Enhance Control over Post-License Inventory Through Fair Trade Act

An issue often encountered by brand owners in their businesses in Taiwan is how to deal with the licensed products not yet sold out by the local licensee when the license terminates. To cope with this issue, licensors have multiple options of contractual arrangements which will not be spelled out here, but licensors should take extra caution suppose they consider granting the licensee a post-license privilege to sell the inventories free of any conditions other than a sunset clause. With no more commercial ties to the brand owner, it is only human nature for an ex-licensee to exploit whatever value that is left in the inventory at the expense of the licensor.

For example, the inventory, especially if about to complete its life cycle in the target market, might be sold (or “plattered” in the local trade argot) to a (second-tier) distributor and eventually re-sold somewhere in Taiwan to compete with the licensor and its new licensee, or impair the repute of the brand, while all this is, more often than not, protected by the doctrine of exhaustion or first sale principle. Even worse, the inventory may eventually be abused as a “bait” to attract consumers into the reseller’s premises so that the reseller has the chance to switch the consumers to like products of questionable origin.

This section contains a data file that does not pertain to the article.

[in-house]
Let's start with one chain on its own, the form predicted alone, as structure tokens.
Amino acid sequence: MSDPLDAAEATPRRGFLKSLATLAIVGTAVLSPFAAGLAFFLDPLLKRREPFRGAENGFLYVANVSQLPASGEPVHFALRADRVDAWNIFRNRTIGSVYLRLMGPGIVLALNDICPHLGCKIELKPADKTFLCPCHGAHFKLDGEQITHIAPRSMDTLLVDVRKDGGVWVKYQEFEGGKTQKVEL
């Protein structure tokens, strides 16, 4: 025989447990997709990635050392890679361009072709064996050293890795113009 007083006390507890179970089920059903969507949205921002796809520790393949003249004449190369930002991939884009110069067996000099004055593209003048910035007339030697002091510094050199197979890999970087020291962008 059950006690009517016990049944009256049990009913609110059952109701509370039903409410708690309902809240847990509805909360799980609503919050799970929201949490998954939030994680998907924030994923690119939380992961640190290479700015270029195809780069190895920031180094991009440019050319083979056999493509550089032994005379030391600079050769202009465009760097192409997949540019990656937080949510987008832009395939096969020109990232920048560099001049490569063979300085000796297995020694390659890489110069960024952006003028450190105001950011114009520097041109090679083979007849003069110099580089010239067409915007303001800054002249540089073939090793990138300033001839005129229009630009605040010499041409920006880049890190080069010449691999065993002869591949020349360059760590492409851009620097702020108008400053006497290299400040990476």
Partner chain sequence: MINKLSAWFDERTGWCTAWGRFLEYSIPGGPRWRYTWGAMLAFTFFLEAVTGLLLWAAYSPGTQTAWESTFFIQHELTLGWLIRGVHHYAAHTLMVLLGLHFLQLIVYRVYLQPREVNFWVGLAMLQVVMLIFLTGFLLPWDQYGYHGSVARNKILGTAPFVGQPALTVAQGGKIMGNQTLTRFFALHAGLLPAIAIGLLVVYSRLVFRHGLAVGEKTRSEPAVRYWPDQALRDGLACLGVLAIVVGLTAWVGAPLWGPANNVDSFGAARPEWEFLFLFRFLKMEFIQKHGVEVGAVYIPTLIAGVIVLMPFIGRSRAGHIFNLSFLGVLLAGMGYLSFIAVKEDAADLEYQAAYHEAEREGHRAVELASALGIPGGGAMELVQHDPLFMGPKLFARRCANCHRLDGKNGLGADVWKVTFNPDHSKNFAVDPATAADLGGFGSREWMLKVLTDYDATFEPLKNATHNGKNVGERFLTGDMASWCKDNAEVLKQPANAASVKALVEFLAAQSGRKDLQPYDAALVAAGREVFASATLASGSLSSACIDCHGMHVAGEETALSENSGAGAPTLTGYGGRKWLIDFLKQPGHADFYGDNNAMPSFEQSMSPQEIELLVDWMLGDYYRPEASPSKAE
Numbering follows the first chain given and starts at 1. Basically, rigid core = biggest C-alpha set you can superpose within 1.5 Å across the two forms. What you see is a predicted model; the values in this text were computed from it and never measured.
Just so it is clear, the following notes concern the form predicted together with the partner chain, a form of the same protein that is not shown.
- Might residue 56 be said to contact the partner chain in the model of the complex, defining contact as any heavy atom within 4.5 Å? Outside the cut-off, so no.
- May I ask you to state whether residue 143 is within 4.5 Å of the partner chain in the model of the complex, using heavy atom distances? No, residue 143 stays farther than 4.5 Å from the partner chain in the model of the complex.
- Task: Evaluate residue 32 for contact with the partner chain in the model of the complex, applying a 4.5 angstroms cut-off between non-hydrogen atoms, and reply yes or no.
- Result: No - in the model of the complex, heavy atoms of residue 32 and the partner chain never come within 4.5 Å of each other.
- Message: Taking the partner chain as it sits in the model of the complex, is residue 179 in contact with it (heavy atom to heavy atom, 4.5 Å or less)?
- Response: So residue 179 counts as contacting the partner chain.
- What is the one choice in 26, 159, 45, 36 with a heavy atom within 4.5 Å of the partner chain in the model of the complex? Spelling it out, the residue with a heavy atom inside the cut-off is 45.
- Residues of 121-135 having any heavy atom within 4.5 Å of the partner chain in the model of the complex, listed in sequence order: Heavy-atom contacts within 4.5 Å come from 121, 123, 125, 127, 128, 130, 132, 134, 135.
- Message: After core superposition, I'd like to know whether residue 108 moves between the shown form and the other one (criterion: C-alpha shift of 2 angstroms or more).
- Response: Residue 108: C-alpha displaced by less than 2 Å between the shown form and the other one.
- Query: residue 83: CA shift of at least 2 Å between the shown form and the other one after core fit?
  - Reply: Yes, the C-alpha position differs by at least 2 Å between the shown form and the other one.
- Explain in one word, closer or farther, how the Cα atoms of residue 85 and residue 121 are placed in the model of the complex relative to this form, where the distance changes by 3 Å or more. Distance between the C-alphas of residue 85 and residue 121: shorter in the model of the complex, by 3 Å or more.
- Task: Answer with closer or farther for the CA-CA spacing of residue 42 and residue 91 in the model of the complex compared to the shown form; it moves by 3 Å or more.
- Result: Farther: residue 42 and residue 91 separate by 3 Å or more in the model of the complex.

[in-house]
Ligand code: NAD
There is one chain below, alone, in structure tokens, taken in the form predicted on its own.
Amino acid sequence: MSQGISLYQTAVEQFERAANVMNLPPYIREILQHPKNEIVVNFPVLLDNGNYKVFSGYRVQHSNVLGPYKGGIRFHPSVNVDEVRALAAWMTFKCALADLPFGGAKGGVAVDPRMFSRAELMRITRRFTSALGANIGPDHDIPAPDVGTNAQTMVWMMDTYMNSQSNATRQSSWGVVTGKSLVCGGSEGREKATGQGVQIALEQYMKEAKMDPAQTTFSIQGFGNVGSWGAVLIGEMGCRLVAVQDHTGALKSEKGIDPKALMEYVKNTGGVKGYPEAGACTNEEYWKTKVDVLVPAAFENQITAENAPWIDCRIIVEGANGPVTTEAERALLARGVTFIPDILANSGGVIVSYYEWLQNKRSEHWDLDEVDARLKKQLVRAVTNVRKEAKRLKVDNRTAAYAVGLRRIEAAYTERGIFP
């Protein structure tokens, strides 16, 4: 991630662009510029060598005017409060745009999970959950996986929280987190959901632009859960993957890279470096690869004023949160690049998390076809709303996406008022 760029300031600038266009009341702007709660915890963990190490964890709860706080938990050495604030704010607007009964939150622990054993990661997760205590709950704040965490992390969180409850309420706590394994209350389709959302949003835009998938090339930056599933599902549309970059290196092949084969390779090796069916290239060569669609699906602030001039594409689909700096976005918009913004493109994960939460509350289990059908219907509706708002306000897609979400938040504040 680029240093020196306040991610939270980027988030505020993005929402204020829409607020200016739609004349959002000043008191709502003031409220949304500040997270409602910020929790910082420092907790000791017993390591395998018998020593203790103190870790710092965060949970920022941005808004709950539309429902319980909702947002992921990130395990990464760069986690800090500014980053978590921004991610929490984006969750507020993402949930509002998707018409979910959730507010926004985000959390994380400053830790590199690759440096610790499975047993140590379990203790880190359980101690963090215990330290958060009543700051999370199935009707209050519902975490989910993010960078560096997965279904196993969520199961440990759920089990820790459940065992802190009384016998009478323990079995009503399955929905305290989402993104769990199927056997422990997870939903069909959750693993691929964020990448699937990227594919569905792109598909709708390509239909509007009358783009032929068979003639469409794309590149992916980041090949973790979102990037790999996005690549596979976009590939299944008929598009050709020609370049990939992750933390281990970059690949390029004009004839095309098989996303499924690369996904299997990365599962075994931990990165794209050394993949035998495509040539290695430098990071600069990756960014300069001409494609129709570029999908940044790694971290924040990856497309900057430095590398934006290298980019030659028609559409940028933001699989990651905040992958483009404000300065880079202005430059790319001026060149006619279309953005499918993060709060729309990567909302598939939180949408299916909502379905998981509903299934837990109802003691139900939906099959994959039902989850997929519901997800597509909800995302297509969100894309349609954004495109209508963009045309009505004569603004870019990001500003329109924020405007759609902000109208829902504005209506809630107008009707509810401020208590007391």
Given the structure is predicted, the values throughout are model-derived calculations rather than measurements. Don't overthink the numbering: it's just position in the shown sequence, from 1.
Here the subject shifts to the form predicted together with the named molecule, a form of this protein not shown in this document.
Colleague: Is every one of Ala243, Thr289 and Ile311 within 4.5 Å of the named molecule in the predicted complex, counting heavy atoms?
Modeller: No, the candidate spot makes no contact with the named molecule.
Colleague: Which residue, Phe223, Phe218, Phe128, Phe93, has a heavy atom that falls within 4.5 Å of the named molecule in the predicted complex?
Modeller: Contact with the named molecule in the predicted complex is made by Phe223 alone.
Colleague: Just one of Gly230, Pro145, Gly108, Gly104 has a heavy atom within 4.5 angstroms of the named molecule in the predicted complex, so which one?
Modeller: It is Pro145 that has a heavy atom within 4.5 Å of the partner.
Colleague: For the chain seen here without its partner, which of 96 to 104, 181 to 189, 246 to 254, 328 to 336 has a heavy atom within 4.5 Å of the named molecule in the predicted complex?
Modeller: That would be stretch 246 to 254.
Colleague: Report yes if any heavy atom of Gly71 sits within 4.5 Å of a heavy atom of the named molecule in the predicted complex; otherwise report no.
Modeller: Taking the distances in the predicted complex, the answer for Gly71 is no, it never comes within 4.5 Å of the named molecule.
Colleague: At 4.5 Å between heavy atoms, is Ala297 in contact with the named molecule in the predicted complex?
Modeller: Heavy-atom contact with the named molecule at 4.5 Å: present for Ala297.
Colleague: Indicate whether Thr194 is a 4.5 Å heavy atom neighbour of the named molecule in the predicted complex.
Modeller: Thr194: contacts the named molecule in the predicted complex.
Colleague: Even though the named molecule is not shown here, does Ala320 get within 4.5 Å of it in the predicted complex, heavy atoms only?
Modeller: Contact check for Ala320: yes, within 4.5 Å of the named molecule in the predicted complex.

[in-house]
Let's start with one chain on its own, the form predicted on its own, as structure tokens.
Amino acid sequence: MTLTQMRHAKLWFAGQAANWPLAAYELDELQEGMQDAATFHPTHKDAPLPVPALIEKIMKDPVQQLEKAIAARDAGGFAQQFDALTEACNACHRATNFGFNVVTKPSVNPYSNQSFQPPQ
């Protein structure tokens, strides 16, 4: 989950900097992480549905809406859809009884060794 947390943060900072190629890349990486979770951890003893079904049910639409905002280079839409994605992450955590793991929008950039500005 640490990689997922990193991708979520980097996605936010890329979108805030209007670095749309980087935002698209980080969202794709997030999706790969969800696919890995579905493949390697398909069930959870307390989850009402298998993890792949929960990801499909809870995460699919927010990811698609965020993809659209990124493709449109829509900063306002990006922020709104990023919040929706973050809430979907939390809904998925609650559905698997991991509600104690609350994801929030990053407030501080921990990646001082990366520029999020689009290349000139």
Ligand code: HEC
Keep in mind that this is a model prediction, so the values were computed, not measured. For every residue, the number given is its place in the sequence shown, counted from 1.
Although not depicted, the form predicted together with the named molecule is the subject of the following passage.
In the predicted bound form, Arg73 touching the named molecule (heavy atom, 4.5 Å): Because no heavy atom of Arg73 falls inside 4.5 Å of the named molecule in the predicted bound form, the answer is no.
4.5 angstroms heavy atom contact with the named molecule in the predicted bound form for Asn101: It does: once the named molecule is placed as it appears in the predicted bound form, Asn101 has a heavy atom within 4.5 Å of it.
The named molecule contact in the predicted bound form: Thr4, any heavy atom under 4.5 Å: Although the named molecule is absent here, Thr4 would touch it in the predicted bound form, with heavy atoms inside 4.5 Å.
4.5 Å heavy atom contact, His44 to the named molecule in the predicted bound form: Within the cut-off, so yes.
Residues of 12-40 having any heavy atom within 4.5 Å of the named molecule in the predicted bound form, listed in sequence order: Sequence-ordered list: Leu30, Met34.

This is basically the fact pattern of the case Crocodile Int’l Pte Ltd. v. Zhuang, a civil lawsuit in which Saint Island lawyers represented Crocodile the brand owner since the second instance against a reseller. The case came to an end recently after the Supreme Court rendered a decision this May in Crocodile’s favor. Crocodile Int’l Pte Ltd. v. Zhuang, 107 Tai Shang 1067, Taiwan’s Supreme Court (May 2019).

The post-license inventories at dispute were manufactured by a local company during the period of a license granted by Crocodile to produce and sell garments bearing an old version of the house mark “Crocodile.” The license however was terminated in June 1999, but with a clause permitting the licensee to continue selling the inventory garments until March 2000. Some ten years later, Crocodile was informed that there were nomadic outlets coming out in mid and south Taiwan and promoting themselves as “Biggest Genuine Crocodile Clearance Sale in 2014,” or “New Crocodile Garments for 2014 – Genuine Goods.”

Left: photo of an advertising banner of the defendant (attached to the IP Court decision)
Right: our English translation of the banner

Most of the spotted promotional materials printed the Chinese characters “鱷魚” pronounced as /ehr-yu/, which is the Chinese word for “Crocodile” and also a registered mark in Taiwan owned by Crocodile the brand owner. However, per Crocodile’s pre-suit investigation, there were few, if not none, genuine Crocodile garments proffered at these outlets. The outlet holder’s assertion that his Crocodile garments were third-handed goods sourced from the said ex-licensee appeared to Crocodile to be nothing more than a bait, if not a sham.